What Is Bitcoin?
Bitcoin is a digital web-based currency that operates without the need for central banks and uses highly secure encryption to regulate the currency units and to verify transfers of funds. Bitcoin, which was first produced in 2009, uses the ‘Blockchain’, an open and programmable technology that can be used to record transactions for virtually anything of value that can be converted to code and is often referred to as a kind of ‘incorruptible ledger’.
In order to receive a Bitcoin, a user must have a Bitcoin address i.e. a 'purse' (of which there is no central register).
Warnings of a Bitcoin ‘bubble’ were being delivered last year after its value rocketed from $1,000 to £19,000 in the space of less than a year.
Why The Fall In Value?
Several factors have led to the rapid fall in value since November last year. These include:
- Tightening legislation and government opposition. Back in September, for example, China ordered exchanges to cease trading in the cryptocurrency as a way to gain control of the cryptocurrency through forced licensing. Also, China and South Korea have now banned initial coin offerings, Japan and Australia have taken steps to tighten Bitcoin regulations, and US restrictions look set to follow.
- Negative predictions by currency experts. The news reports of the Bitcoin ‘bubble’ plus financial regulators in the UK and France warning investors that they could lose their money if they buy digital currencies issued by companies, known as "initial coin offerings".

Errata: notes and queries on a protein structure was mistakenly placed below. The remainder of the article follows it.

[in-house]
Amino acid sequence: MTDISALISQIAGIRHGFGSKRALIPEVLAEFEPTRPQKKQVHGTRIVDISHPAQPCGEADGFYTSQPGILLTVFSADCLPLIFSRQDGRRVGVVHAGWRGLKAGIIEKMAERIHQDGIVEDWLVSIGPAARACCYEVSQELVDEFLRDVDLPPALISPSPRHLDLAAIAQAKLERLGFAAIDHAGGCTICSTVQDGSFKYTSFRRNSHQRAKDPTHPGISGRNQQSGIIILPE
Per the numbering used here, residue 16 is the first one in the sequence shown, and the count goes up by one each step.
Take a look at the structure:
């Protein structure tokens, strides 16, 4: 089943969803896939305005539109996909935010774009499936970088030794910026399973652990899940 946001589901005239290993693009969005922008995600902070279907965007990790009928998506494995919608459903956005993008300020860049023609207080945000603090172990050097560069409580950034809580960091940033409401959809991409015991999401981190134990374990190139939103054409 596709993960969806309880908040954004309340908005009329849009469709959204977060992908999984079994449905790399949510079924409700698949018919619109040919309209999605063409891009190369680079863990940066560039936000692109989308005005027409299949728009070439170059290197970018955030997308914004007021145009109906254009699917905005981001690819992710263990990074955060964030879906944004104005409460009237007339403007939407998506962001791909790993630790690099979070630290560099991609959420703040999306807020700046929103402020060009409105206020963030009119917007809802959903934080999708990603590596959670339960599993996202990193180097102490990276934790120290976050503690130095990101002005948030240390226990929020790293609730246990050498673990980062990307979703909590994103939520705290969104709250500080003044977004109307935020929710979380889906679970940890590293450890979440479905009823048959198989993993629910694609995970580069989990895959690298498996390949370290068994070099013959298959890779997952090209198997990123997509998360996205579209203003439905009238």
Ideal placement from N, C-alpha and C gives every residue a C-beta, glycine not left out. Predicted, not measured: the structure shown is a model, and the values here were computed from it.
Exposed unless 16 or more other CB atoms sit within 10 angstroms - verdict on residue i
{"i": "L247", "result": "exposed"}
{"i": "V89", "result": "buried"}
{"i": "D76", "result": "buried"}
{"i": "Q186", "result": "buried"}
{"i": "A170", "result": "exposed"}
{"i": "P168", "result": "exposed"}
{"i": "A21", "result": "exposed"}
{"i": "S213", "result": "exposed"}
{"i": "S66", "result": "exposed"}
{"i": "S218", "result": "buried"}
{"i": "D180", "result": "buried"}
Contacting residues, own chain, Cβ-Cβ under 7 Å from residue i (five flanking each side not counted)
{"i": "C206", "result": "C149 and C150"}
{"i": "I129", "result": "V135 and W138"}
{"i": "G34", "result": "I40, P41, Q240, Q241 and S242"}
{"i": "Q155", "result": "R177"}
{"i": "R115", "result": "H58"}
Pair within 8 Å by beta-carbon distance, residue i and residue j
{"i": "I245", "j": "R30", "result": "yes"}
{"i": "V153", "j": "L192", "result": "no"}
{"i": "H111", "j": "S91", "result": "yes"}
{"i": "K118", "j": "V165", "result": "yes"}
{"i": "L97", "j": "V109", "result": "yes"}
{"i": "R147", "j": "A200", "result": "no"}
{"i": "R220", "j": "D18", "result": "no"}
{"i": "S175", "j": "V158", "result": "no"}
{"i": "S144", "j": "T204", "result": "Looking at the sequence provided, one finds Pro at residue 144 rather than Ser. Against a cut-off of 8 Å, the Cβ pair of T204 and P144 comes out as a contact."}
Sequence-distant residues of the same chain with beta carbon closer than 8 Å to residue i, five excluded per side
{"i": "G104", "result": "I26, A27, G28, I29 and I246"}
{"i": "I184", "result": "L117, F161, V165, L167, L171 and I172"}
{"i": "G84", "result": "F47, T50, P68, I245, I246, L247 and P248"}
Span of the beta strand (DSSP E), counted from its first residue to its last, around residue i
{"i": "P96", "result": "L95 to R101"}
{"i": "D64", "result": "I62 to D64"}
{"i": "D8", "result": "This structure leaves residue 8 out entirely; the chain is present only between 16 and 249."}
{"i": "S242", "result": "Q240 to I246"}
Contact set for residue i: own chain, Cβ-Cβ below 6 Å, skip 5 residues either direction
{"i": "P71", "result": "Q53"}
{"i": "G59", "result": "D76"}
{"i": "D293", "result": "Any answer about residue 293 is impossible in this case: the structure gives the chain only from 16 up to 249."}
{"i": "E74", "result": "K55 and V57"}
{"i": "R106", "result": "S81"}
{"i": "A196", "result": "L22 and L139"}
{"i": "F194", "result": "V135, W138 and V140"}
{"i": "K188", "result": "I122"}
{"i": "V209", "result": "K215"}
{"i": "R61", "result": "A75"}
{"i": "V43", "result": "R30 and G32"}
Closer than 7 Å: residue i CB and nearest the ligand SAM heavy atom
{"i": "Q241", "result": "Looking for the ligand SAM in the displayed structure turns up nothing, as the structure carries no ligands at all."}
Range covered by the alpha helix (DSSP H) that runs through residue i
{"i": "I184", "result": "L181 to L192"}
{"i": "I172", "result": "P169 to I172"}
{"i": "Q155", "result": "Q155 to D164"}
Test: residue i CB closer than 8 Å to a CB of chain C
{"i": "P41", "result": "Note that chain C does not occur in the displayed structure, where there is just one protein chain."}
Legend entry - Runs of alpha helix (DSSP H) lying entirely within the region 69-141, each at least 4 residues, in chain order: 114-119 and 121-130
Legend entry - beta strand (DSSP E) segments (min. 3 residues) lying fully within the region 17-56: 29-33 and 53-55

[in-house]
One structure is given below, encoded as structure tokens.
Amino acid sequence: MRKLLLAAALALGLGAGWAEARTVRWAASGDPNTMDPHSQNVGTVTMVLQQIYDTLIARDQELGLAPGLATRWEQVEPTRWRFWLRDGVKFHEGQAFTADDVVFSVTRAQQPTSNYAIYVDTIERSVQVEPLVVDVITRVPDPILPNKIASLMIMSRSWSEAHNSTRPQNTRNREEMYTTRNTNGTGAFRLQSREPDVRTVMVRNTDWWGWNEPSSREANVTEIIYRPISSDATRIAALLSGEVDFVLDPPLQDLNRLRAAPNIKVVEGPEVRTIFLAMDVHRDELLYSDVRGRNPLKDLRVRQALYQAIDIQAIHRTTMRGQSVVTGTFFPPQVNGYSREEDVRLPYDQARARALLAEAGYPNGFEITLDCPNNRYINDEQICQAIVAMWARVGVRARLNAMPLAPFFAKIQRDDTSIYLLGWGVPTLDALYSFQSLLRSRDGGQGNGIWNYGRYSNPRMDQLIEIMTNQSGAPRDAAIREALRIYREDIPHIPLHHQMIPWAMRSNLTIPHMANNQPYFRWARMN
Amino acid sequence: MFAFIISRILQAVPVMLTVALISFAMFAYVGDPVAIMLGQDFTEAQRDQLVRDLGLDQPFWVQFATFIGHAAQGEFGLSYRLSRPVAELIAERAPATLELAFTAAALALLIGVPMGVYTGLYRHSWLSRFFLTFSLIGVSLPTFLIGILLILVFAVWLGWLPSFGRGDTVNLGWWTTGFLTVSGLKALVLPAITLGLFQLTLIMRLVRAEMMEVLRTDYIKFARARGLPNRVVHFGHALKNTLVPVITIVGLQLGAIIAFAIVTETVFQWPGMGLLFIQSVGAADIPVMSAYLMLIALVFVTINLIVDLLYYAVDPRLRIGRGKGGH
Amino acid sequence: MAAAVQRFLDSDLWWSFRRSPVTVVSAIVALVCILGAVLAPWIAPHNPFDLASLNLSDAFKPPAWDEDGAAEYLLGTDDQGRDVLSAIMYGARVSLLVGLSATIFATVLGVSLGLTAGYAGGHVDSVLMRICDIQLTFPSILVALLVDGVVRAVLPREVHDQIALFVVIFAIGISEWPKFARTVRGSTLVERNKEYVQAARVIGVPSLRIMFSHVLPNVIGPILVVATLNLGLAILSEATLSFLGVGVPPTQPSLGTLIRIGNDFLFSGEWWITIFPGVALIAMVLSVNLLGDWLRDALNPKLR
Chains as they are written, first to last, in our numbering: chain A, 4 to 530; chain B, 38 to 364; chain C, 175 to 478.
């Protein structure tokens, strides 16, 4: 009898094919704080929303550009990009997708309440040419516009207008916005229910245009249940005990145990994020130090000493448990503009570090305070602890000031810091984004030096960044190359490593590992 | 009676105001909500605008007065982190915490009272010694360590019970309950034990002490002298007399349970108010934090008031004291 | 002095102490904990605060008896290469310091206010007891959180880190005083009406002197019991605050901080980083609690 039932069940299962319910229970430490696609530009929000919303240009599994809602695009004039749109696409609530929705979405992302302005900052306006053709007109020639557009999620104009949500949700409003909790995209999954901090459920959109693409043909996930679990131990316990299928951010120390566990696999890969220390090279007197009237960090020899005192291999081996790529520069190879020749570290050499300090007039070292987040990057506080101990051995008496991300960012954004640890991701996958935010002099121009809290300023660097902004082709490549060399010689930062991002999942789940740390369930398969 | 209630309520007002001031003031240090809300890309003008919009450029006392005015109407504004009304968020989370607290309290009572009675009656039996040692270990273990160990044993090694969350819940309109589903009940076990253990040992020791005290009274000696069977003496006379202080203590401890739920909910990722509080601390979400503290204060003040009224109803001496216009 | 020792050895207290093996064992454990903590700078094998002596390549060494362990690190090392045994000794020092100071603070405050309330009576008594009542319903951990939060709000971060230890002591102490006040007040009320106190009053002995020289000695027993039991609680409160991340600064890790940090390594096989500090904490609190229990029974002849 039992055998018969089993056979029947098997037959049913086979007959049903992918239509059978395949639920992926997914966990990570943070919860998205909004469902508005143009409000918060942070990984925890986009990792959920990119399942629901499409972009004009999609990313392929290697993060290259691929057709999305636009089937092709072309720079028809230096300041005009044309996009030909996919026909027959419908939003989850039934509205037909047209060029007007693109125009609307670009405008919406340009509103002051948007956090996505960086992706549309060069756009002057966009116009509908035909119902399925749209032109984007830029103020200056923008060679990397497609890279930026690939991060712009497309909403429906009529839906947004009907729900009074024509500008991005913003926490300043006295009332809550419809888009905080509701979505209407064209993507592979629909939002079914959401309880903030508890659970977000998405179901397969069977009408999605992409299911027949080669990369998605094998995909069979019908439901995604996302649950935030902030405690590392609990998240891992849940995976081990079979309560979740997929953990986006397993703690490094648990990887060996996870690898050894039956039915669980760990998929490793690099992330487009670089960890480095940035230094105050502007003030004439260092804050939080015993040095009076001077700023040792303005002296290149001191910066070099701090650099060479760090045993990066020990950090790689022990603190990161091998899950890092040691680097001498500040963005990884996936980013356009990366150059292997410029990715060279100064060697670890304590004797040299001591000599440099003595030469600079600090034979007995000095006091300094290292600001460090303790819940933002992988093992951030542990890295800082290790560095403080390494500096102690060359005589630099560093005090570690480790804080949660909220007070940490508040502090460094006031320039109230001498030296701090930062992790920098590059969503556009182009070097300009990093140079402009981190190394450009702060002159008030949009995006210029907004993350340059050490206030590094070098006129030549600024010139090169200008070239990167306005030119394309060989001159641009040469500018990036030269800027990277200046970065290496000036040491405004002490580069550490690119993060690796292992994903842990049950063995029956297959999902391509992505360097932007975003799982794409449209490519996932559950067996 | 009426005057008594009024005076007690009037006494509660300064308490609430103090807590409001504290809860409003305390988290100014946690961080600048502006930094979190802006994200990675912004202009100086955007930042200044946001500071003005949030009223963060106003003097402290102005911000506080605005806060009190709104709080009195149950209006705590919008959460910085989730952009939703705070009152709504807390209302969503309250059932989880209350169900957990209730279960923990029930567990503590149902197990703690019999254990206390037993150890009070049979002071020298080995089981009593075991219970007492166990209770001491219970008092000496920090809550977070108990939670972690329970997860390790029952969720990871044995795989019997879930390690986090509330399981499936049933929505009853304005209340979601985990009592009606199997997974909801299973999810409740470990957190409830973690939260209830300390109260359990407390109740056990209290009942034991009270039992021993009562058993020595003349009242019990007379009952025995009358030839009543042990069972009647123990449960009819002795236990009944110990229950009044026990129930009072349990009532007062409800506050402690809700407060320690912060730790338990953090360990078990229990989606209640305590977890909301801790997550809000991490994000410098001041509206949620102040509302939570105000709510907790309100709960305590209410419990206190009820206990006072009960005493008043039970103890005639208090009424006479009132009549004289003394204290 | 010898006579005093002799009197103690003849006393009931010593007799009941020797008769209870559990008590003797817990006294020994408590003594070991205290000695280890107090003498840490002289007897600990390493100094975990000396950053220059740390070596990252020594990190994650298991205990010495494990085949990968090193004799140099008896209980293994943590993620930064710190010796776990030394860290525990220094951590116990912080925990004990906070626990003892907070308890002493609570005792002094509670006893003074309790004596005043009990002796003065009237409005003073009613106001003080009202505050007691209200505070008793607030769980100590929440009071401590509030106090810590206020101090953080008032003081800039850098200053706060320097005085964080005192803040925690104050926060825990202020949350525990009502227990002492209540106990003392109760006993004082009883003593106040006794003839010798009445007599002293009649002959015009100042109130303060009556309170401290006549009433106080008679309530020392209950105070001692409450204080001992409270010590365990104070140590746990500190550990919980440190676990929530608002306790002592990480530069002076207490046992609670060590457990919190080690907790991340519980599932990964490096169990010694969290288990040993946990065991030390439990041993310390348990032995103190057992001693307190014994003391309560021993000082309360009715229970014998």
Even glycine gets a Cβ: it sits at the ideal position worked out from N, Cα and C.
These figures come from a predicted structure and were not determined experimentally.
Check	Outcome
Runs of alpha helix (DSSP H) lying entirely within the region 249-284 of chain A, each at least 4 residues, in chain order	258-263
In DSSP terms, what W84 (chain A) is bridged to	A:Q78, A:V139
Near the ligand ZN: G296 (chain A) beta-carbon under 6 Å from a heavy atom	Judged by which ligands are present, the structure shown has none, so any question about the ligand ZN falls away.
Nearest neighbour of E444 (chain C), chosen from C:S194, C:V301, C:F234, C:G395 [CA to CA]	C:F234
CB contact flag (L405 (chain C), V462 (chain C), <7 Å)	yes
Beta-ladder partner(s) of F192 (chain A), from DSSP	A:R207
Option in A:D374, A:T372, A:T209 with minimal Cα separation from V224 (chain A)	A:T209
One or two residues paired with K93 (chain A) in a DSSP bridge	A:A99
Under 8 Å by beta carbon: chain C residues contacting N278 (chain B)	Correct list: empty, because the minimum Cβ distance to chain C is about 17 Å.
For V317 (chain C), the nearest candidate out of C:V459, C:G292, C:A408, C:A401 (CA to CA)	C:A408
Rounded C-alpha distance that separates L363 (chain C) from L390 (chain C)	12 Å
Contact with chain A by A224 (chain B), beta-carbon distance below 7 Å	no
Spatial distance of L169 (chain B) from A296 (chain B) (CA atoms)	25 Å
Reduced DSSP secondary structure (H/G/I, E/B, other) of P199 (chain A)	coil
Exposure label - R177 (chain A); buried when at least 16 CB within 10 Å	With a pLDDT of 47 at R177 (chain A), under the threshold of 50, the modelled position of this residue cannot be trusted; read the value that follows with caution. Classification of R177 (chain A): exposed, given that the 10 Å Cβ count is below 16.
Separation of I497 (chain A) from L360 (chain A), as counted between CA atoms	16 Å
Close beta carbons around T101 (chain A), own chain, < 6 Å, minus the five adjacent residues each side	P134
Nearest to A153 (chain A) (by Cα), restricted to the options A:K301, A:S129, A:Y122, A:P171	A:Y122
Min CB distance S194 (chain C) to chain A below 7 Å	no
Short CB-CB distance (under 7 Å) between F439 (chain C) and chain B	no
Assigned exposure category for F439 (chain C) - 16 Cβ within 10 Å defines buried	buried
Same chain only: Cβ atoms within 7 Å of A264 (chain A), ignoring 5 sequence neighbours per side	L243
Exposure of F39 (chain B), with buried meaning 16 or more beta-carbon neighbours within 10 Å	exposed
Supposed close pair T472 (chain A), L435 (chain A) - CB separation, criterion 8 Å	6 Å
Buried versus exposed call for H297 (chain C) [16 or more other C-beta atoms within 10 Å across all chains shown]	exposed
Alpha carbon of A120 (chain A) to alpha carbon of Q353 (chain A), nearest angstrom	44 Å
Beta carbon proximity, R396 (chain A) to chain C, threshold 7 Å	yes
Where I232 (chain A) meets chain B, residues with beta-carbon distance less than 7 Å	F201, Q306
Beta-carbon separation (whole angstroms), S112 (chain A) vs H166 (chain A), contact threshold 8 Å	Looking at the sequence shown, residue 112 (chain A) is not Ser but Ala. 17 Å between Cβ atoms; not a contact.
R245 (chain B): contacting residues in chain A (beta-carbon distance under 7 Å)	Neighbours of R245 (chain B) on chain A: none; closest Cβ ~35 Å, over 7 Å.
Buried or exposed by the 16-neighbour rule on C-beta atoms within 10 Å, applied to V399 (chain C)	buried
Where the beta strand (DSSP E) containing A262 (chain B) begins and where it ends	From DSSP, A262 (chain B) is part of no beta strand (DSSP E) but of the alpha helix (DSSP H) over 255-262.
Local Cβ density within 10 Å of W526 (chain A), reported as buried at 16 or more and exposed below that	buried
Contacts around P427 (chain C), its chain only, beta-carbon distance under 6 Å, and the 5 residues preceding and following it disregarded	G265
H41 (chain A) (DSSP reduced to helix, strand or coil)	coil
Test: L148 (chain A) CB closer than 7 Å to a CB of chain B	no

- Banks and Credit Card Companies banning cryptocurrency purchases using credit cards. With less people able to buy cryptocurrencies, this has had the most recent downward effect on the value of Bitcoin.
- Cyber criminals cashing-in. Crime is toxic to reputations, and Bitcoin has been increasingly targeted by criminals. For example, Slovenian-based Bitcoin mining marketplace NiceHash reported the theft of Bitcoin to an estimated value of $80m back in December, and an escalation of ‘crypto-jacking'. This happens where people’s devices are taken over by criminals trying to mine crypto-currencies such as via the Android phone-wrecking Trojan malware, dubbed 'Loapi'. Bitcoin has been widely publicised as having link with crime e.g. to evade traditional money laundering checks and other regulations. Bitcoin is often named as the currency that ransomware scammers request their victims to pay with because of the anonymity that it offers. Some currency commentators have even suggested that the recent surge in the value of Bitcoin towards the end of last year was partly caused by European banks buying Bitcoin to pay off ransomware as a short-term way to deal with cyber-security.
- Investors purchasing alternatives. As investors look for alternatives to the volatile Bitcoin bubble, this has had a negative effect on the value of Bitcoin, and a brief positive effect on the value of other cryptocurrencies.
What Does This Mean For Your Business?
From an investment point of view, Bitcoin is clearly risky. There are other cryptocurrency alternatives e.g. Ripple, Ethereum, Litecoin, but they all appear to have been tarred with the same brush as Bitcoin, particularly with the announcement that credit cards can’t be used to buy them.
Many of the possible advantages of cryptocurrencies to businesses e.g. to use for fast global trading and investing outside of bank controls, delays and red tape, are currently being overshadowed by the actions of banks and governments.
Cryptocurrencies may be currently in a dip, but the importance of other new technologies to businesses such as AI and driverless vehicles is finally being reflected in the value of the shares of companies who are leading the charge in those technologies, which are likely to provide many global business opportunities going forward.